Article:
Child abuse and neglect are inconsistent with Indigenous cultures and traditions. Indigenous peoples in North America have always regarded children as sacred.20 Historical and ongoing cycles of child apprehension have often prevented Elders and leaders from passing down teachings about parenting and ceremonial ways of coping to younger generations.5 Higher proportions of Cedar participants who were second-generation residential school survivors had experienced sexual abuse, and higher proportions of those who had been taken into foster care reported emotional and sexual abuse and physical neglect. Indigenous leaders and Elders have pointed to the failure of the Canadian justice system to respond to the intergenerational impacts of colonial violence.2 Indigenous legal scholars have been clear that reconciliation efforts must involve reviving ancestral systems of governance that build community capacity to support Indigenous families.21 On a global scale, policymakers must acknowledge that child apprehension systems in Canada, Australia and the USA have failed Indigenous families and are associated with long-term health-related harms including death and HIV and HCV infection.4 These systems are based on imposed colonial values/laws, removing children from their families without any meaningful support for prevention or healing. As advocated by Indigenous leaders and scholars, priorities should include legislation that supports Indigenous governments’ autonomy to assert jurisdictional authority over the welfare of their own children including child welfare laws, policies and practice.8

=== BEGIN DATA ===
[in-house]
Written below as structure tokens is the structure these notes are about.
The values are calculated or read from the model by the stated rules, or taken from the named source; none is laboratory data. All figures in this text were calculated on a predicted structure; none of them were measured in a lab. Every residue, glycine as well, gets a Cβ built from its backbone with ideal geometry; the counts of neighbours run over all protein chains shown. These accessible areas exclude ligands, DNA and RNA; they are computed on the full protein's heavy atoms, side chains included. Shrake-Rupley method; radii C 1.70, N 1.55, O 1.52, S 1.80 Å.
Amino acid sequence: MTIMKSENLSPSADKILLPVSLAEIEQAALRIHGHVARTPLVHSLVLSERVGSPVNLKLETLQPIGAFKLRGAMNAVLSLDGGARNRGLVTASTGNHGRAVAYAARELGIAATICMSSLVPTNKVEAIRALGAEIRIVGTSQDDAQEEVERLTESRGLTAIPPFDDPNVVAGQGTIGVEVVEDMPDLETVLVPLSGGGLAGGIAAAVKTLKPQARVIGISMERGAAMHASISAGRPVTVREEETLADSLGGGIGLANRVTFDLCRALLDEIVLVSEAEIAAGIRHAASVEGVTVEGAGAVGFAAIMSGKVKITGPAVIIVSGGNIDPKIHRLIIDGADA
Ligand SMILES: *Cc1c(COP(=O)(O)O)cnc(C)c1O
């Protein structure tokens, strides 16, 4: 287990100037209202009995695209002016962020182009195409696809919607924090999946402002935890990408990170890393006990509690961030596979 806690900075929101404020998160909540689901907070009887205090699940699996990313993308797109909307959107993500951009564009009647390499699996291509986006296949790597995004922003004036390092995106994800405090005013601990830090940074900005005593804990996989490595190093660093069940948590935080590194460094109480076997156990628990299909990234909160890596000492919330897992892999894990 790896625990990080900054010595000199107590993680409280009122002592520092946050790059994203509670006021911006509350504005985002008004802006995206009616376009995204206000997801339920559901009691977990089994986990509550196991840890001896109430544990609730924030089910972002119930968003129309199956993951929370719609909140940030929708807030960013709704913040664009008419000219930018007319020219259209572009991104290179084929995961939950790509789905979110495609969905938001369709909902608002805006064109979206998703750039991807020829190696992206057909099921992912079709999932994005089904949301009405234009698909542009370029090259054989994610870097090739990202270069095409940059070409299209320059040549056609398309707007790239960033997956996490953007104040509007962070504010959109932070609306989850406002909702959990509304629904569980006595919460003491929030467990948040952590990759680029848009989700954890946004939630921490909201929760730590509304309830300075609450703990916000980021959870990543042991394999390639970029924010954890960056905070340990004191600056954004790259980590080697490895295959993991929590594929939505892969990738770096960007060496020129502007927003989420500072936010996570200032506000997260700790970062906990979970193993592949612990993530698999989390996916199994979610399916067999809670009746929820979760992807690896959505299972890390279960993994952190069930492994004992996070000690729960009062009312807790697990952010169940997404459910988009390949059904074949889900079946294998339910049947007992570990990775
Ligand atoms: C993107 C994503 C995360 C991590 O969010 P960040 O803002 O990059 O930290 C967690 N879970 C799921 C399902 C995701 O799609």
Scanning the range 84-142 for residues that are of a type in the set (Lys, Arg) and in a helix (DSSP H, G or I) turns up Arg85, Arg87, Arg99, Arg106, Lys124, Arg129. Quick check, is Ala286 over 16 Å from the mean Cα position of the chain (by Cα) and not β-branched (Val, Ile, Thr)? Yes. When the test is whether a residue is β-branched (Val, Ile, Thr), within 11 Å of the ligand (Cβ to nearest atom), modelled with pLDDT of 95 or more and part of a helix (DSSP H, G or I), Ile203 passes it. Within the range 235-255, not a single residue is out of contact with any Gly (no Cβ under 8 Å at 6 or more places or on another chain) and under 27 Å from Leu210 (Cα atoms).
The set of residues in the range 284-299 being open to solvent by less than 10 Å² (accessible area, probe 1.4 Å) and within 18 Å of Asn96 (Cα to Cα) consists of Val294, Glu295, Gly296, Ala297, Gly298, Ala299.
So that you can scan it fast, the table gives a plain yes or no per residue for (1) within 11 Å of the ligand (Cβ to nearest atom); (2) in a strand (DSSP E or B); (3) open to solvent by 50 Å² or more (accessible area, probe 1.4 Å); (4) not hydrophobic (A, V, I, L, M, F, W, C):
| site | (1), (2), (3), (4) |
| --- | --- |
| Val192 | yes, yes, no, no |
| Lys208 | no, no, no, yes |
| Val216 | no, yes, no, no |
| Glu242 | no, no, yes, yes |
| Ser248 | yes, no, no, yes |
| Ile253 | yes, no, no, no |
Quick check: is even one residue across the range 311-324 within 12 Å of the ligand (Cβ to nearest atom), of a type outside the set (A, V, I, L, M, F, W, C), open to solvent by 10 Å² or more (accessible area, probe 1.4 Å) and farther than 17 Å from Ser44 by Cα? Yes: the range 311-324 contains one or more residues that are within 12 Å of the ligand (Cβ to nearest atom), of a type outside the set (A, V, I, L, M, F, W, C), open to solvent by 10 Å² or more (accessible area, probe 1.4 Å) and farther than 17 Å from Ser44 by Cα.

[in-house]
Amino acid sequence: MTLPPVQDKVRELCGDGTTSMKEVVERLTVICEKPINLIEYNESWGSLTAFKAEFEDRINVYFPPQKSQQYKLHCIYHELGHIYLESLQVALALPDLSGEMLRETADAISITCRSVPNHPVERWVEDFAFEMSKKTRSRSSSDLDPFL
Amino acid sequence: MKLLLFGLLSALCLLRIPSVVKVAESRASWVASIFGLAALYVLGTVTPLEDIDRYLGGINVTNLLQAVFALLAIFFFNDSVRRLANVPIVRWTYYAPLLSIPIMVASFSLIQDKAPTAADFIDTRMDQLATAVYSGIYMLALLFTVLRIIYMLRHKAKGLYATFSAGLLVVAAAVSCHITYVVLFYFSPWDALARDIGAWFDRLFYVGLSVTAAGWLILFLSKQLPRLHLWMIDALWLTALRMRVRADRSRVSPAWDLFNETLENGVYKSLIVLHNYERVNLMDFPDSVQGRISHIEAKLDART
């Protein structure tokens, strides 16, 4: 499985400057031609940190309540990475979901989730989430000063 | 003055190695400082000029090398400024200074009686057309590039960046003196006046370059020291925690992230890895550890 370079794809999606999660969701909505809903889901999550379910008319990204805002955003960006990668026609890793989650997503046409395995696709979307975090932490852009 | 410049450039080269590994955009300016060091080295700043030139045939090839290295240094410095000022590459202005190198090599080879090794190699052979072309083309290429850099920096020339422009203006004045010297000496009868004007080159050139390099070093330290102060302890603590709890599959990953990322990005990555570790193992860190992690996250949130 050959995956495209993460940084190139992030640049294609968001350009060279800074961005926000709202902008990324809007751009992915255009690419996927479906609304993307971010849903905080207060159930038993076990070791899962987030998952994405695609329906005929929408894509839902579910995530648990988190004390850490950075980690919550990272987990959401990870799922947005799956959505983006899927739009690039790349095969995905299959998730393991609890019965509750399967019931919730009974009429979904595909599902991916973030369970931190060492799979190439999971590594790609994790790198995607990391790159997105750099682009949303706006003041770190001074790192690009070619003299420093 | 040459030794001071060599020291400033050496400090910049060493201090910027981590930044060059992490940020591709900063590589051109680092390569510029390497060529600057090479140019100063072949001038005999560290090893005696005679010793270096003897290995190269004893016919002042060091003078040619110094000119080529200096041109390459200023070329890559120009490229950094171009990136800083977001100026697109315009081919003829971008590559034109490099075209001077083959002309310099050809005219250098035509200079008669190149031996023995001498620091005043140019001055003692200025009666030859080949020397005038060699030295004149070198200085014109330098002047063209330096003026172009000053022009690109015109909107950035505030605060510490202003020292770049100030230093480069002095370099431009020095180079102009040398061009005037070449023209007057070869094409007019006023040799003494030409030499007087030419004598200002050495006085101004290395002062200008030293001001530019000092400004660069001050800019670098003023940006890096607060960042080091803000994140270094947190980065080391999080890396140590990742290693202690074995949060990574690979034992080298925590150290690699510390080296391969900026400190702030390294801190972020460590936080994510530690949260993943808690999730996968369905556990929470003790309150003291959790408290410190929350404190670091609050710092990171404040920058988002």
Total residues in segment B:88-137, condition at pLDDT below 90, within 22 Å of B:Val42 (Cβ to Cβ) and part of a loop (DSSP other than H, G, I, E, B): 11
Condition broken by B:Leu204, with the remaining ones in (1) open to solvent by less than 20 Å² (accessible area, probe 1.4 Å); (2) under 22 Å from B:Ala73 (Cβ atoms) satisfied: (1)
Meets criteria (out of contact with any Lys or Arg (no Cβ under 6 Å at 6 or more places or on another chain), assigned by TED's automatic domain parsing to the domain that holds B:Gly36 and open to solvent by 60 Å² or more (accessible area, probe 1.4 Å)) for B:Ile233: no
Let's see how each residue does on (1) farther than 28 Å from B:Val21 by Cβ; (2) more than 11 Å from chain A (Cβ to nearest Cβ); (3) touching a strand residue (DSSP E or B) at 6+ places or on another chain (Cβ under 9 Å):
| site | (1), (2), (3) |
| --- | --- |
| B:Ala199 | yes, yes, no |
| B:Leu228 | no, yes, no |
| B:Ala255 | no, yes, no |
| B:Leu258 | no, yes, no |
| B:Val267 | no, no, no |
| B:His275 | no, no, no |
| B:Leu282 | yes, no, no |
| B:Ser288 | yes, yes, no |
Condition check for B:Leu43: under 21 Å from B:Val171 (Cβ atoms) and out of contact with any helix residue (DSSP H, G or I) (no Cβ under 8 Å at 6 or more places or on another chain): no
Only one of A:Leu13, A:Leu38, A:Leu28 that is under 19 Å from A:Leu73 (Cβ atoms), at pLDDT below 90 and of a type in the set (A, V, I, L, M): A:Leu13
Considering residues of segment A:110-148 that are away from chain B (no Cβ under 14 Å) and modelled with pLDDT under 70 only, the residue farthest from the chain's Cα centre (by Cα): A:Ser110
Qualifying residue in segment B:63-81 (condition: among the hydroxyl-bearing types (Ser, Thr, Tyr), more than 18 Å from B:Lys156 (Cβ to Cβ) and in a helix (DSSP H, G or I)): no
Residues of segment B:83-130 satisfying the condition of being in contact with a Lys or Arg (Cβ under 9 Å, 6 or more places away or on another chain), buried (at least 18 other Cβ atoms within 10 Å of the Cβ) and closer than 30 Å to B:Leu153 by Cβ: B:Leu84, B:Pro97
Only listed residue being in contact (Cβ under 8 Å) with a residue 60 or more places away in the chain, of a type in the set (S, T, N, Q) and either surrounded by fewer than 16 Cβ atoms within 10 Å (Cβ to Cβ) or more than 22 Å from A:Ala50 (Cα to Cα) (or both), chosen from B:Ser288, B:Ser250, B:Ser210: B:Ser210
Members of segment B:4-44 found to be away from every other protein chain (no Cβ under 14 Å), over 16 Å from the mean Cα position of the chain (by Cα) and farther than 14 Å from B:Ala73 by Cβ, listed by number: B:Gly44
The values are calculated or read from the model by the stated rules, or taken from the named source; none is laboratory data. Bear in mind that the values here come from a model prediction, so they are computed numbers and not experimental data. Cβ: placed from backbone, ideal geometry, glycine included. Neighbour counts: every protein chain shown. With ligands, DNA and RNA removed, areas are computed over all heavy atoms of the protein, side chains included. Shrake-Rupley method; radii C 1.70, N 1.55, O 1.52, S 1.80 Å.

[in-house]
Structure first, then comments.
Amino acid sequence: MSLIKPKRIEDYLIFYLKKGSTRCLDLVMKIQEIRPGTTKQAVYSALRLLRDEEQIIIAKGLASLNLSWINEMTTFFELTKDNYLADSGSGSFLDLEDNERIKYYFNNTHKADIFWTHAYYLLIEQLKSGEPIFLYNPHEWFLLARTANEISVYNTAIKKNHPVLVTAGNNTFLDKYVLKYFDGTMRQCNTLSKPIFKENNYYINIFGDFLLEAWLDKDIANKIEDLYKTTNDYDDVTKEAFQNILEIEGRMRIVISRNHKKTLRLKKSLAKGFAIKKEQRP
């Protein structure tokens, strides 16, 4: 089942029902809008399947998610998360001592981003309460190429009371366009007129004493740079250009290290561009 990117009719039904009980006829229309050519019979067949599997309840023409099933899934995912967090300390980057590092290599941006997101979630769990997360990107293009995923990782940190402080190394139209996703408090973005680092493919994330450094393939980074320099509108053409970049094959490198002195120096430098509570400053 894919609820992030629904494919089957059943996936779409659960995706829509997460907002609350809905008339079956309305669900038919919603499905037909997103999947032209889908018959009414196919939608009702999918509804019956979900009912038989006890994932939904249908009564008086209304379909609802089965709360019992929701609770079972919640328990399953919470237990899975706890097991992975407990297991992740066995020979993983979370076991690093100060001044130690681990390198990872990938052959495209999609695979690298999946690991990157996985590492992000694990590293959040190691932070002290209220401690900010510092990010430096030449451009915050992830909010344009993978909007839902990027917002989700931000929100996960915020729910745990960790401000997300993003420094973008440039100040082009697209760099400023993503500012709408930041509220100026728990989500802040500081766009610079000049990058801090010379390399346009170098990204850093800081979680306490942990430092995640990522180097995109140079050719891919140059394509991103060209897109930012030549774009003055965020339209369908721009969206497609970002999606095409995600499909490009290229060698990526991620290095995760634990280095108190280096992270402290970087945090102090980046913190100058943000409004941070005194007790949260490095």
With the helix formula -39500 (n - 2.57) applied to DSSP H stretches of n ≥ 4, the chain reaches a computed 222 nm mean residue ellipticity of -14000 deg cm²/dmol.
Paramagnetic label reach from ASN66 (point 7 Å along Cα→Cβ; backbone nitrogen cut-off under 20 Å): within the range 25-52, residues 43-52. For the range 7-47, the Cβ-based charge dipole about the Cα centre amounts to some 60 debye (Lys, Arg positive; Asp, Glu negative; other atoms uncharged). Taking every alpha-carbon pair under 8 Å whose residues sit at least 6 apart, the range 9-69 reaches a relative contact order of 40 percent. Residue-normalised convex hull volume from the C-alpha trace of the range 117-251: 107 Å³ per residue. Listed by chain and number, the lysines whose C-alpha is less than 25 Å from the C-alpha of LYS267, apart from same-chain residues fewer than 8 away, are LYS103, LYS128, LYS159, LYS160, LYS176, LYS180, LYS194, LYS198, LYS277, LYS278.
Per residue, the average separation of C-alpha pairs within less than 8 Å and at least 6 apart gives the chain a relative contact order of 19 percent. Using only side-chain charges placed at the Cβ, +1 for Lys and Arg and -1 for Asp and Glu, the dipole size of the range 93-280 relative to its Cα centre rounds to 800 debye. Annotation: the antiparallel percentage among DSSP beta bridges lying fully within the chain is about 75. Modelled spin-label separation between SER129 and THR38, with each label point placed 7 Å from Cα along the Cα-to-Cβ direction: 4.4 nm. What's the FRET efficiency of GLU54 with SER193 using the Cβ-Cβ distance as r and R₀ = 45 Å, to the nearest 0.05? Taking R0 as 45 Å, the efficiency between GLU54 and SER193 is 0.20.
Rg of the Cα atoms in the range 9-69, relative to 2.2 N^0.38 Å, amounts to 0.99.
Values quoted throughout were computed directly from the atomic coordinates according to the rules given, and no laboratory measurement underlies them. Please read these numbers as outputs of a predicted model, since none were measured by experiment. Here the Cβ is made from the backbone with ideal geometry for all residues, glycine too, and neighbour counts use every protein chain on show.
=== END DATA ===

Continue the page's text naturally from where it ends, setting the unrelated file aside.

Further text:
Childhood maltreatment and HCV infection